China’s Luxury Consumers Buy For Quality While Americans Seek Bargains

    American and Chinese consumers have radically different preferences when making their luxury purchase decisions, according to the results of a new survey.
    A Gucci store in Shanghai. (Shutterstock)
    Jing DailyAuthor
      Published   in Fashion

    A Gucci store in Shanghai. (Shutterstock)

    That was one of the findings of a new survey on luxury buying habits published by Singapore-based research and consulting agency Agility Research, which interviewed 3,000 U.S., Chinese, Hong Kong, and Singaporean consumers in the top 25th percentile for household income of their country’s population over the month of October 2014.

    Although many brands have noticed that logo-heavy products are becoming less popular in China in comparison to more understated goods, brand recognition is still an important factor for Chinese luxury buyers. A total of 56 percent of Chinese consumers either “completely agree” or “somewhat agree” with the statement that it is important that people recognize the brand they are using, compared to only 43 percent of Americans. The percentages of Chinese and American luxury consumers who “completely agree” are similar, however, at 23 percent and 22 percent, respectively.

    Chinese luxury buyers care about much more than just showing off the brand, however. In fact, the survey found that quality is a much more important factor for Chinese respondents than Americans: 49 percent of Chinese consumers surveyed said they “completely agree” that they buy luxury brands because of the higher quality they provide, a rate 10 percent higher than the percentage of U.S. respondents with that answer. Overall, 86 percent of Chinese consumers somewhat or completely agree that quality influences purchase decisions, while only 72 percent of American respondents felt the same.

    The most dramatic differences in purchase decisions among the two groups are when it comes to the exclusivity and price. While “exclusivity” is a purchase driver for 86 percent of Chinese respondents (44 percent said they “completely agree” that it is), it is important for only 51 percent of U.S. consumers (26 percent said they “somewhat” agree). In contrast, Chinese luxury shoppers are far less price-conscious than their American counterparts: only 15 percent of them said that they completely agree with the statement that “it is important to get the best possible price when buying luxury brands,” compared to 47 percent of Americans.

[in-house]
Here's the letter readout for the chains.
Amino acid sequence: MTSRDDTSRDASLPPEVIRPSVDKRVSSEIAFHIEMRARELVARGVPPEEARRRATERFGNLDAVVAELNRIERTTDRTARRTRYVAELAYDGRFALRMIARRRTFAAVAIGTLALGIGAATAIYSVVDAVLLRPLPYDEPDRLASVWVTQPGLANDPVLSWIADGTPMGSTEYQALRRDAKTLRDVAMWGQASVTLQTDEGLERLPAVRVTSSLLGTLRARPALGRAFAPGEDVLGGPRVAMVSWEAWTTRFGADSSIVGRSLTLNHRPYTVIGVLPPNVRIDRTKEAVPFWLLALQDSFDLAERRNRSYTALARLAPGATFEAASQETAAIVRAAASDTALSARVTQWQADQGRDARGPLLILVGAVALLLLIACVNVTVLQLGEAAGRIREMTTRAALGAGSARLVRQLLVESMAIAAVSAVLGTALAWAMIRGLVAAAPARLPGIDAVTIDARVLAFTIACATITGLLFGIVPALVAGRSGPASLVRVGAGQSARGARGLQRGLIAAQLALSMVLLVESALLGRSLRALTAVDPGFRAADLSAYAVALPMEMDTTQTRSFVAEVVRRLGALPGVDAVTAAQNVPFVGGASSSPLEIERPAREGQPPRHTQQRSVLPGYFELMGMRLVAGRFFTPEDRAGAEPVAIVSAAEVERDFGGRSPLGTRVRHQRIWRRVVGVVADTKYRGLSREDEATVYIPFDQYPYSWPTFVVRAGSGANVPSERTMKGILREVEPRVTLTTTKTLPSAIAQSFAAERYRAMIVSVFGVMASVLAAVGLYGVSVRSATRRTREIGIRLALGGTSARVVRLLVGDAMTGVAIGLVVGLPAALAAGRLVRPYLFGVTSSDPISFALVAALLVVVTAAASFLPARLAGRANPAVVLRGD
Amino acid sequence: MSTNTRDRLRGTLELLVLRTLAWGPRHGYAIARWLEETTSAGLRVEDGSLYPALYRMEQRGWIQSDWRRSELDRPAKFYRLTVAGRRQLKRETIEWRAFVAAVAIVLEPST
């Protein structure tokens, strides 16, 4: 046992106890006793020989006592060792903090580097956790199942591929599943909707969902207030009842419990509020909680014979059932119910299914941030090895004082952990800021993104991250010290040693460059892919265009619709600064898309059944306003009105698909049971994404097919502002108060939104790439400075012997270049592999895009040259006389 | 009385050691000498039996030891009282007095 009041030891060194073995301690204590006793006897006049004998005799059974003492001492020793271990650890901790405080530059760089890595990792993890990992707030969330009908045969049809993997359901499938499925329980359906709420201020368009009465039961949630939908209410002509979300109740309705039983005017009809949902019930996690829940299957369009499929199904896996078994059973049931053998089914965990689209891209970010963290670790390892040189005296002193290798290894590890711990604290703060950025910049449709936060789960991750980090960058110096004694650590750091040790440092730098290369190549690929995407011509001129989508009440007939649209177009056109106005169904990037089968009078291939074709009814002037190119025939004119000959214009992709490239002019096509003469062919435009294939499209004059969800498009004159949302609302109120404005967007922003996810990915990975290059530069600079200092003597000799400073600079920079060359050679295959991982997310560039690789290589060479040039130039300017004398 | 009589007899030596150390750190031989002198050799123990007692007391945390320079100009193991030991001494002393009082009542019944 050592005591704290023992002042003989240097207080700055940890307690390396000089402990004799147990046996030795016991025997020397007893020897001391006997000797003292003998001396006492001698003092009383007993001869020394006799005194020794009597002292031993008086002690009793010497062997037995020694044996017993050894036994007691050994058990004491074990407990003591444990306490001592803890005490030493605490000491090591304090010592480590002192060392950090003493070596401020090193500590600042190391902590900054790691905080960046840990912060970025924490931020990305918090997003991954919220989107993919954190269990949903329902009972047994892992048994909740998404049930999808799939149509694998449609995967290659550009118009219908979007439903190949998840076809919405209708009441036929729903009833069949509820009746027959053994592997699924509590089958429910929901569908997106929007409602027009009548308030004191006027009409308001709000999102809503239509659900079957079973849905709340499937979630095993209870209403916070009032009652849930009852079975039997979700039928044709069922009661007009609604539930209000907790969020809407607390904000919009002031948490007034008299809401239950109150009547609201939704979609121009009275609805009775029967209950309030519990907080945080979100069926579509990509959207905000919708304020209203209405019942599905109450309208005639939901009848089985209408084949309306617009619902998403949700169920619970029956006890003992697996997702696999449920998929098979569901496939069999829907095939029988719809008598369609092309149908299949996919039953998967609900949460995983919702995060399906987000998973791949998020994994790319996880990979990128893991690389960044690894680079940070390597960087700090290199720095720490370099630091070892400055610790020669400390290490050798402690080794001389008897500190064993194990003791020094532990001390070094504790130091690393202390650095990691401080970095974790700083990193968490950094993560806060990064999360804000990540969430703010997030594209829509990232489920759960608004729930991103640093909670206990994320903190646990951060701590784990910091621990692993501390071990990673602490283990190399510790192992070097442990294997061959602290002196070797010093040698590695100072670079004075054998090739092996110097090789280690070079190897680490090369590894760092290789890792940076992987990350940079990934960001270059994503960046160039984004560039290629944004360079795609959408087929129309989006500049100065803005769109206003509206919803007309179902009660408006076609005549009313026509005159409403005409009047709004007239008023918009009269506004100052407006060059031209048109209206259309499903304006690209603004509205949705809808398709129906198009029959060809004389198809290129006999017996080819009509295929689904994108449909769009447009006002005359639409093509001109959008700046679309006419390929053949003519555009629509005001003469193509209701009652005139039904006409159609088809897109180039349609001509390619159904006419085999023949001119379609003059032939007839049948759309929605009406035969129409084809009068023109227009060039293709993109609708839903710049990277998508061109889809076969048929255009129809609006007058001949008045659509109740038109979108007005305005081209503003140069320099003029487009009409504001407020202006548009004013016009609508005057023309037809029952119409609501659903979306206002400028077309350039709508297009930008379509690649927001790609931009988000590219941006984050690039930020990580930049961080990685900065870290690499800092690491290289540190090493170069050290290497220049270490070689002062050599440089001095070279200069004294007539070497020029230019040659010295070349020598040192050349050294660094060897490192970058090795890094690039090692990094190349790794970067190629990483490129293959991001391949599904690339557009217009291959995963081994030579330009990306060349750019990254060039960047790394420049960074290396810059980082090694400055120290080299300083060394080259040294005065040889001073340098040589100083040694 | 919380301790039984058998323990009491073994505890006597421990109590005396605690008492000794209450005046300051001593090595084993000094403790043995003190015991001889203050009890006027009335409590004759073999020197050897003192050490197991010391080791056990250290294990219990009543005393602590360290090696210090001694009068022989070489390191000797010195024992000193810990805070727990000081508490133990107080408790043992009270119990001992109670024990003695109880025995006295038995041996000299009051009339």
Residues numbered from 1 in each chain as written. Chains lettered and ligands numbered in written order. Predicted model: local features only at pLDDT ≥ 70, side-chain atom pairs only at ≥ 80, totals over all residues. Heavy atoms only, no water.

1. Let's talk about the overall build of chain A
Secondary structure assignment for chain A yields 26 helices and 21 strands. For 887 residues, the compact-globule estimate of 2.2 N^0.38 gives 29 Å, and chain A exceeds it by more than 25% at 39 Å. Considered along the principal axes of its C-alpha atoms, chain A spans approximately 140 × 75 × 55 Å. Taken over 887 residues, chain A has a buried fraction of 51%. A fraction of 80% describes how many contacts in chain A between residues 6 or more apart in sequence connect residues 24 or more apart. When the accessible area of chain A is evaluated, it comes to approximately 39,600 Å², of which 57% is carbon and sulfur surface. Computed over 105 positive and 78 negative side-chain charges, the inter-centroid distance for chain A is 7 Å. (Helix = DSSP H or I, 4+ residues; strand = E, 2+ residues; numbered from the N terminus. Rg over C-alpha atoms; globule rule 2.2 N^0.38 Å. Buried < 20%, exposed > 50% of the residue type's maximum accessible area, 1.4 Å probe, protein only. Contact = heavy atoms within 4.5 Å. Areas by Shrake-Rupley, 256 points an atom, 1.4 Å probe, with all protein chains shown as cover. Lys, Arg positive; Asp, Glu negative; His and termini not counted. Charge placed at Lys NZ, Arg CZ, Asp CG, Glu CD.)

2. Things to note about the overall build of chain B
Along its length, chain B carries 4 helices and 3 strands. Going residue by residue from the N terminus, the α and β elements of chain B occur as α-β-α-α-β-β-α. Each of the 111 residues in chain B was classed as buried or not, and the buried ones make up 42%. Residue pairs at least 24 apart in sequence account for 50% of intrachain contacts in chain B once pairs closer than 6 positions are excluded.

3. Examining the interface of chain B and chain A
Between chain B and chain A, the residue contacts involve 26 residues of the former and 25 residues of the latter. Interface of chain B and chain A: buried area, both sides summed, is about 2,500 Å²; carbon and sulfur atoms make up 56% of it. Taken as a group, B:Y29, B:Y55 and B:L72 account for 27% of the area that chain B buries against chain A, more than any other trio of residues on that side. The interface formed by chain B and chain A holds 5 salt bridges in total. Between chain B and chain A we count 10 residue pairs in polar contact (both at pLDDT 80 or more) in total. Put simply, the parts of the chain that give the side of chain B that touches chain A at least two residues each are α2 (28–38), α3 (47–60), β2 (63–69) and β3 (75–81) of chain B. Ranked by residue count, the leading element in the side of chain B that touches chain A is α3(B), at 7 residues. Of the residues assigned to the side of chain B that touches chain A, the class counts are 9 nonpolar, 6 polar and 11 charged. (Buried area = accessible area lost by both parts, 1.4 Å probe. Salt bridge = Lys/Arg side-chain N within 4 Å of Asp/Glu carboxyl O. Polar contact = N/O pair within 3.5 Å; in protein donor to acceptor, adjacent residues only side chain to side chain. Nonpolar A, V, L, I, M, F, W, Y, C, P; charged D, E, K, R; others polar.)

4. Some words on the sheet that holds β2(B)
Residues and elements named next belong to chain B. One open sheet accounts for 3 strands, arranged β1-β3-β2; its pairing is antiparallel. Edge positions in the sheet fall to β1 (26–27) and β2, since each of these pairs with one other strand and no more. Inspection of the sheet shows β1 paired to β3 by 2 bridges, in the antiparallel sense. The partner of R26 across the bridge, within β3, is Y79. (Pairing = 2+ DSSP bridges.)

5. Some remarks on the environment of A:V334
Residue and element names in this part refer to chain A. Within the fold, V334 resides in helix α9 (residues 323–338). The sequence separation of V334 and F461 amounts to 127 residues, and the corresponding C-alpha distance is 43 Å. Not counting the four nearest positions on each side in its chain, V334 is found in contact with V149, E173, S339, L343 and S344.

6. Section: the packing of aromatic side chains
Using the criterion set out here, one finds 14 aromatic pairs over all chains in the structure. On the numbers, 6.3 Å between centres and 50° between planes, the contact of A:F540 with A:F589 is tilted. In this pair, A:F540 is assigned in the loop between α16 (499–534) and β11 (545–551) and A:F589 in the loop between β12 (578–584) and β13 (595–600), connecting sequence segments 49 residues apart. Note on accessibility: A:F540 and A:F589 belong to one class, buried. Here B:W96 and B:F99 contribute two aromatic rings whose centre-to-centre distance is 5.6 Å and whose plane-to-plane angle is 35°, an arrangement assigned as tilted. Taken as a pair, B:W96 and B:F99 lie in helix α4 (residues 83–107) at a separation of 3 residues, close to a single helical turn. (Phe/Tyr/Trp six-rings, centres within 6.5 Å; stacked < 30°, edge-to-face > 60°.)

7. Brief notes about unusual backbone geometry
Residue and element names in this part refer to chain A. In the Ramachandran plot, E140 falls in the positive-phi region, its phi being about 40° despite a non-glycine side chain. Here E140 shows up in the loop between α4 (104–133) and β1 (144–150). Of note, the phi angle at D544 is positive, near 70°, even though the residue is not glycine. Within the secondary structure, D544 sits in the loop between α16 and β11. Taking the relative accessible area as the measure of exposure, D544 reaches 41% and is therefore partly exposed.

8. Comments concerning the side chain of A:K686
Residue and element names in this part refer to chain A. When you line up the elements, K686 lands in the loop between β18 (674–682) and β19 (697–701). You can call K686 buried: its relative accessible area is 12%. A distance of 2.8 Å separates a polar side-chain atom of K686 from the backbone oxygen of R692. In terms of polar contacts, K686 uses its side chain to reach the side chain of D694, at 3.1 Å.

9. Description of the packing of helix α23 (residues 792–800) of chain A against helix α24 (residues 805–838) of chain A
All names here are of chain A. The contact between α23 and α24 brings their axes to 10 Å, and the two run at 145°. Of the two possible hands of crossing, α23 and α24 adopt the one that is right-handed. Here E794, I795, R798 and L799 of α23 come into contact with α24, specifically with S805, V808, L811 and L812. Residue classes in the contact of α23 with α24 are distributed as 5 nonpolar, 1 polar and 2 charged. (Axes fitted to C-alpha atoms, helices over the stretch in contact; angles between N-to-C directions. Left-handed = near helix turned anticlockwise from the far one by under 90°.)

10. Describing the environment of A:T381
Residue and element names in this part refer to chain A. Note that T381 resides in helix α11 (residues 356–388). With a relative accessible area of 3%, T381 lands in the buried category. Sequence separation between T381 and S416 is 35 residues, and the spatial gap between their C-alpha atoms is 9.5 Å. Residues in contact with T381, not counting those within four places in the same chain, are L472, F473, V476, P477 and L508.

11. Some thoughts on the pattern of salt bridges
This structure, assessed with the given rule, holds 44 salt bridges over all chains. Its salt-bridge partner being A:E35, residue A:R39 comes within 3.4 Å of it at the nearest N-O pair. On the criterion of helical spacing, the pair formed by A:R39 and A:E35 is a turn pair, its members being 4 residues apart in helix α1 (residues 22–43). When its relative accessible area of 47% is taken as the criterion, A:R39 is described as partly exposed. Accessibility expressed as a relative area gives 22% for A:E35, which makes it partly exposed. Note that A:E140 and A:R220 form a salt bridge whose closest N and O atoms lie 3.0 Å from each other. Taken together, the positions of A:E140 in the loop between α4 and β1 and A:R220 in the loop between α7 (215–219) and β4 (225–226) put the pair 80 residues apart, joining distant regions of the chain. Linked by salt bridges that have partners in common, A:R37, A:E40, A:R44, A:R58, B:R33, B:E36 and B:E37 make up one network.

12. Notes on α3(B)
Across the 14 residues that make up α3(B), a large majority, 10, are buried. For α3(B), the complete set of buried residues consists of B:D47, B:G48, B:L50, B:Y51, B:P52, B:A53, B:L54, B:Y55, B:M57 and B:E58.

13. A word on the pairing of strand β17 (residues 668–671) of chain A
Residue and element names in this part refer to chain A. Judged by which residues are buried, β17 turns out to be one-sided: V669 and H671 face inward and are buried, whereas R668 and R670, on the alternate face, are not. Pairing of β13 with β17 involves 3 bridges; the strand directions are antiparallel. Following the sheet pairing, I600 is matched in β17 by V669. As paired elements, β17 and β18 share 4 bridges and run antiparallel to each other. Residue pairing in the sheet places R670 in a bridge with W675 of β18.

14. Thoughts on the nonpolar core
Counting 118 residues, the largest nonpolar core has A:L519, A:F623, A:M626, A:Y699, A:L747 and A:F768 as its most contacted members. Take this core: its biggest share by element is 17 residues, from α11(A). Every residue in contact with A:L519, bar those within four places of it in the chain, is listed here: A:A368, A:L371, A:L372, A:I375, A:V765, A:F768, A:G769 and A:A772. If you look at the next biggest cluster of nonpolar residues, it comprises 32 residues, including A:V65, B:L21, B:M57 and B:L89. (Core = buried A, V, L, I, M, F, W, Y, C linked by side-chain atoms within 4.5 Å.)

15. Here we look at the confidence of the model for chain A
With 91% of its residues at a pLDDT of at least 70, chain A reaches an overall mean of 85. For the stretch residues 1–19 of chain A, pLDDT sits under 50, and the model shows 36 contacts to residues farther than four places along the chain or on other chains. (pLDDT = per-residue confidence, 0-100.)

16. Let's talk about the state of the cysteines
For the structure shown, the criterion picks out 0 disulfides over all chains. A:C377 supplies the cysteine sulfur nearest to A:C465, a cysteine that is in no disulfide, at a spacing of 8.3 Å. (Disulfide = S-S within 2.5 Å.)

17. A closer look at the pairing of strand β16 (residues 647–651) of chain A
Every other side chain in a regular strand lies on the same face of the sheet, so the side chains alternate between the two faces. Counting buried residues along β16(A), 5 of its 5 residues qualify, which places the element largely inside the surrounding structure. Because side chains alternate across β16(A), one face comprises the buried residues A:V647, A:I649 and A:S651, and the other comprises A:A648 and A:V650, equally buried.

Chinese luxury consumers are on average more tech-savvy than those in the United States, according to the results. A total of 59 percent said they purchase luxury products online, compared to 50 percent of Americans. American online shoppers tended to be more enthusiastic about using the internet to buy, however. The internet also plays an important role in research of luxury items for Chinese consumers: 81 percent head to the web to look up products, while only 65 percent of Americans do the same.

    These dramatic differences in purchase habits are accompanied by differences in brand preferences as well among Chinese and American consumers. When asked about which brands they owned, Americans were more likely to list U.S. affordable luxury brands, with Coach, Ralph Lauren, and Calvin Klein taking the top three spots. Meanwhile, Chinese consumers favor more traditional international luxury brands: Chanel, Gucci, and Burberry were the top three on their most-owned list.

    Chinese tastes are more international when it comes to the watches and jewelry and beauty categories as well. Top U.S. watch and jewelry brands were the local Tiffany & Co. and Guess, followed by Gucci, while Chinese consumers listed Dior, Gucci, and Chanel as their top three. French brand Dior topped the beauty list for Chinese consumers, followed by the Japanese Shiseido and SK-II, while U.S. brands Olay and Clinique topped the American list, followed by L’Oreal.

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